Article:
One example of this is when a mining pool, for example, makes a distribution of proceeds or provides services that the German regulator believes constitute a market. Authorisation may be applied in such cases.
Singapore: A case-by-case study
In Singapore, the FCA, like the UK’s FCA, sent a warning note out to consumers about what is saw as potential risks relating to both ICOs and cryptocurrencies. The regulator said that some but not all ICOs will fall outside its scope for regulation, meaning it wants to look at individual cases and think how it should respond.
This isn’t a terrible strategy for cryptocurrency companies because it means there is room for creative thinking about how to navigate specific countries’ needs.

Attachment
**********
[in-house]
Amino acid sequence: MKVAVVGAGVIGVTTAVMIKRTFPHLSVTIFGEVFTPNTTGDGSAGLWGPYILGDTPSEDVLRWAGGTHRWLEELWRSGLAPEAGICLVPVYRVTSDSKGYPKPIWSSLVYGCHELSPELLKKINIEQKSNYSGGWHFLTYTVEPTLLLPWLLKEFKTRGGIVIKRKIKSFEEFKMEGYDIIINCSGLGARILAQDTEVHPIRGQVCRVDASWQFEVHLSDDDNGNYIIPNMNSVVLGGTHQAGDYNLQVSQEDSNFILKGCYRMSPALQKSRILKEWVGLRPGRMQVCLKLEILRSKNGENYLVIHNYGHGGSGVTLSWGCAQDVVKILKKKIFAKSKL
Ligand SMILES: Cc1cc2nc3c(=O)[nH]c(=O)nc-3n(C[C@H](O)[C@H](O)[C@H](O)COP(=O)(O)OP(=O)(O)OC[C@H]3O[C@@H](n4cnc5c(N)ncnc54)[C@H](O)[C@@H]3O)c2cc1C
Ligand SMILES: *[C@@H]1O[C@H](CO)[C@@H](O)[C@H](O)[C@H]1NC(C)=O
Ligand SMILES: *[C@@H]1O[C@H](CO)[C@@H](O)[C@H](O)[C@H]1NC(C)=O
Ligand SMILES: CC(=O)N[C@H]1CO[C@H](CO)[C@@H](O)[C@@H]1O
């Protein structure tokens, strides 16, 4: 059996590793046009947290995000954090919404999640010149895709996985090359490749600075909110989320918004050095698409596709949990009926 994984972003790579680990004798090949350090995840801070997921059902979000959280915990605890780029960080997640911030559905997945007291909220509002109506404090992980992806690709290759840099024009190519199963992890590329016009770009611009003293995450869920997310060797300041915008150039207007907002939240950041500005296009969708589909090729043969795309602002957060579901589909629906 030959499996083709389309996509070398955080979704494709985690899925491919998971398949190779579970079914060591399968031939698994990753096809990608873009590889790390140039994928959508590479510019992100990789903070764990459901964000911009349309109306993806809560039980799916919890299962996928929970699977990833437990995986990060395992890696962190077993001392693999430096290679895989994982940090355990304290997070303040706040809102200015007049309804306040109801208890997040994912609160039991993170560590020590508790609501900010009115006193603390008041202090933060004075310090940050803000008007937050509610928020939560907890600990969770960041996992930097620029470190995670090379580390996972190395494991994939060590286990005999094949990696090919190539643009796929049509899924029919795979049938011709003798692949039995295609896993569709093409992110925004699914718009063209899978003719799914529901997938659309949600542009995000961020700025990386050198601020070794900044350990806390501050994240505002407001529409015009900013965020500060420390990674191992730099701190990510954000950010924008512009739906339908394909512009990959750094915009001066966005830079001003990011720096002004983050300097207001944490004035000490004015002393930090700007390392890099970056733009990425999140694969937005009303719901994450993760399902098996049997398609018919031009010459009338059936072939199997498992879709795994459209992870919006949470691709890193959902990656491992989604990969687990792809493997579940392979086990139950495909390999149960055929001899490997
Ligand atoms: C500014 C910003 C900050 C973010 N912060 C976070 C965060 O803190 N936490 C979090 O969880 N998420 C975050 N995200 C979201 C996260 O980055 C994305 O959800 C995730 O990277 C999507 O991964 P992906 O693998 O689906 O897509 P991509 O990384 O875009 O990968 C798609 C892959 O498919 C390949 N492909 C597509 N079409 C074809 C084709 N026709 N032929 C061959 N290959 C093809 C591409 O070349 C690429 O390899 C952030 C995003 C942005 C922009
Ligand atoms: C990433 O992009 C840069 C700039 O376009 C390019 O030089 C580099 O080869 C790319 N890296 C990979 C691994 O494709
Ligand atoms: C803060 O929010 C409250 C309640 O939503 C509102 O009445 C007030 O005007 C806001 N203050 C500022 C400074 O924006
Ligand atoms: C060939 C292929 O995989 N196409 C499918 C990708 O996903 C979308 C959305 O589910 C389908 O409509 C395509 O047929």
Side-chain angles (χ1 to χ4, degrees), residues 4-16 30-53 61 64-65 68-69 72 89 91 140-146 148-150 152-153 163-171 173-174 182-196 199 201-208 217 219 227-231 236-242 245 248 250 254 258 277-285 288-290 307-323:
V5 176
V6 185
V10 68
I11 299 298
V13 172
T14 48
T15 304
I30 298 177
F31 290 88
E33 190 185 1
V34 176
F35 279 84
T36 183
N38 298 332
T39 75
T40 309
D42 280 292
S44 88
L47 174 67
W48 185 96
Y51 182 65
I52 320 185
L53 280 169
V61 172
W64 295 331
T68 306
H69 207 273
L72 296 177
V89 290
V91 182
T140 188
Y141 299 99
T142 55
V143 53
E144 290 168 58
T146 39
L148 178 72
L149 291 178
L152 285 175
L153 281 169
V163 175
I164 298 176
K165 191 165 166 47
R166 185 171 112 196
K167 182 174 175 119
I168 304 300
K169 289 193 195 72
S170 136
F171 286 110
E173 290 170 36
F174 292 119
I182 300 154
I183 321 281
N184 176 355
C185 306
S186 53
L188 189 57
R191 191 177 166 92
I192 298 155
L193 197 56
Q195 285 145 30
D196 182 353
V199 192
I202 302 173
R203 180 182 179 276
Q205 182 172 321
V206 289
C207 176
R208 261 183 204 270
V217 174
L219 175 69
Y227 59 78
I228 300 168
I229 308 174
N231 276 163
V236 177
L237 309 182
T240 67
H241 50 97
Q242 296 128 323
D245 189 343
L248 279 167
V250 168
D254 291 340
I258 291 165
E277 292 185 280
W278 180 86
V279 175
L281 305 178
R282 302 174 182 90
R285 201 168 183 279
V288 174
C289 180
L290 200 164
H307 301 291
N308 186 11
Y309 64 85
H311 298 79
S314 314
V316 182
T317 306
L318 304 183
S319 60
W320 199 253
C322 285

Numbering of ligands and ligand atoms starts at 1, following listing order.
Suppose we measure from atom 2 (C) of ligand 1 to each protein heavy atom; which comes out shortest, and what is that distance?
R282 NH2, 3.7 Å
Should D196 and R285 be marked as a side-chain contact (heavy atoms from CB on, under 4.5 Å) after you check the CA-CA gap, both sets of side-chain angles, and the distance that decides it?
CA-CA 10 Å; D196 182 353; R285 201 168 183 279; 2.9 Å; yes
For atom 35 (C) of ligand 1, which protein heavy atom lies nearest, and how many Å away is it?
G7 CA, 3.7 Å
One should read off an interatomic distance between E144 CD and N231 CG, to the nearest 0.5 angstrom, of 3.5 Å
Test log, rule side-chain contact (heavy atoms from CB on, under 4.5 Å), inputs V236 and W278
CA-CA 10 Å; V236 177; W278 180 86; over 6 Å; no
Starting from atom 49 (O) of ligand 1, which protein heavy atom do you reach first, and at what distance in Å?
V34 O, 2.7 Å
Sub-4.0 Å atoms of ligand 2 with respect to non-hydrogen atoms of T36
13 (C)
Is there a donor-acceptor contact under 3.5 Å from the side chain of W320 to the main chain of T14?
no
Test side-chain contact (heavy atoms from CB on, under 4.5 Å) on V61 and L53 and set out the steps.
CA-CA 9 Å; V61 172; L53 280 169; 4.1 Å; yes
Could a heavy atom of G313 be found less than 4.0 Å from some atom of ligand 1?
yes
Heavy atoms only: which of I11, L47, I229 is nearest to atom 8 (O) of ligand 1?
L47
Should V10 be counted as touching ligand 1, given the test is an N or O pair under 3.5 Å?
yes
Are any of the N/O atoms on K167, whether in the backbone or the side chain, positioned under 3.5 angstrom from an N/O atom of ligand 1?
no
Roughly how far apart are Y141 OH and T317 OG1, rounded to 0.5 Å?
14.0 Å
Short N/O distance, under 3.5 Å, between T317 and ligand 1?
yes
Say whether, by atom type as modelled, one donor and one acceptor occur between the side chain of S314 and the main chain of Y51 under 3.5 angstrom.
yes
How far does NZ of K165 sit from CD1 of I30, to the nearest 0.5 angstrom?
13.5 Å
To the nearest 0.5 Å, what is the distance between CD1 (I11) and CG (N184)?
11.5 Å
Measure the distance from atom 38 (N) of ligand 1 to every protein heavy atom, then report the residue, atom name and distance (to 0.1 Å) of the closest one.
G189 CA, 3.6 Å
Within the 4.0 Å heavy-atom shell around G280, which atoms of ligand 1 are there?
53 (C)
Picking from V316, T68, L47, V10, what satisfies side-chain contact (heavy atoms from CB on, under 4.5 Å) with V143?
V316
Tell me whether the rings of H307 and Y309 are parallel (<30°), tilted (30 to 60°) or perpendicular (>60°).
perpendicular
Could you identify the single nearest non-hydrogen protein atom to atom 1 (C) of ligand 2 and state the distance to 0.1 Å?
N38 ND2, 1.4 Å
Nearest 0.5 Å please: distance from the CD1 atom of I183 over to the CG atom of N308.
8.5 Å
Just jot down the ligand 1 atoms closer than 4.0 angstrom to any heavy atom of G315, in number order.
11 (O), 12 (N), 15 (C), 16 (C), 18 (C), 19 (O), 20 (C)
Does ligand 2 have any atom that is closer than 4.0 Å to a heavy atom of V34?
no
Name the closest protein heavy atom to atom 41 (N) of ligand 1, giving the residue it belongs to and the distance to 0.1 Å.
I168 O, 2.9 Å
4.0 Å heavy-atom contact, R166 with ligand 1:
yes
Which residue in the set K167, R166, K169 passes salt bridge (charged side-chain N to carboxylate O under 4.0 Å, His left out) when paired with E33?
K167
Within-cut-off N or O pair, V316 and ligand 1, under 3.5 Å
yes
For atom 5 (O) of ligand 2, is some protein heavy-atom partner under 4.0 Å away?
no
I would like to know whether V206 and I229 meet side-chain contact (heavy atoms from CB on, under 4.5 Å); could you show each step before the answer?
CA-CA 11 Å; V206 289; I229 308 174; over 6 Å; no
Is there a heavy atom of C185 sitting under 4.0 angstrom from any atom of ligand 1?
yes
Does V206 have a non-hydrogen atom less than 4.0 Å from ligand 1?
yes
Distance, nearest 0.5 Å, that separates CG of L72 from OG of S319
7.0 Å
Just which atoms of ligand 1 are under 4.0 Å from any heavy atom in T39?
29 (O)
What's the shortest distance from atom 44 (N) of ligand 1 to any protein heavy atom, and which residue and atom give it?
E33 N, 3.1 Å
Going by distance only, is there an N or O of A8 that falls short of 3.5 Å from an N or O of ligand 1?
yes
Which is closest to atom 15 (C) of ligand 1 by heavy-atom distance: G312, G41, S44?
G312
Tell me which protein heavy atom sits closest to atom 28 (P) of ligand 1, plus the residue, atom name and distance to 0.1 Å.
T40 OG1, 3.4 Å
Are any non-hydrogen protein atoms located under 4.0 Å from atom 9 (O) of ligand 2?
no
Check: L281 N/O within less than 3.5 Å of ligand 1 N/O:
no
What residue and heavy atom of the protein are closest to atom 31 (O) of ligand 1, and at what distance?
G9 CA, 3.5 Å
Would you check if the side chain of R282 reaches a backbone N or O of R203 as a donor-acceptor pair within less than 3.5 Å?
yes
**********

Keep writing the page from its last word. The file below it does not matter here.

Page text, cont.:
The Singaporean FCA points to factors that might mean regulations would apply. Such cases may include those where there is a good deal of similarity between the ICO and an IPO, or if the ICO looked very much like a shares placement as conducted by private companies. And, if the ICO appears to be similar to one of its regulated activities, then it’s rules would come into effect.
Policy divergences bring opportunity
Yet, all the approaches aside, blockchain technologies will most certainly continue to prosper in an environment where there is no one coordinated global policy to undermine its progress. Indeed, tremendous opportunities lie ahead for entrepreneurs willing to arbitrage out of countries which restrict development to more favorable regulatory environments.
And, politicians will be keenly aware that an overzealous regime will undermine their efforts to encourage investment while doing little to provide citizens with a competitive market.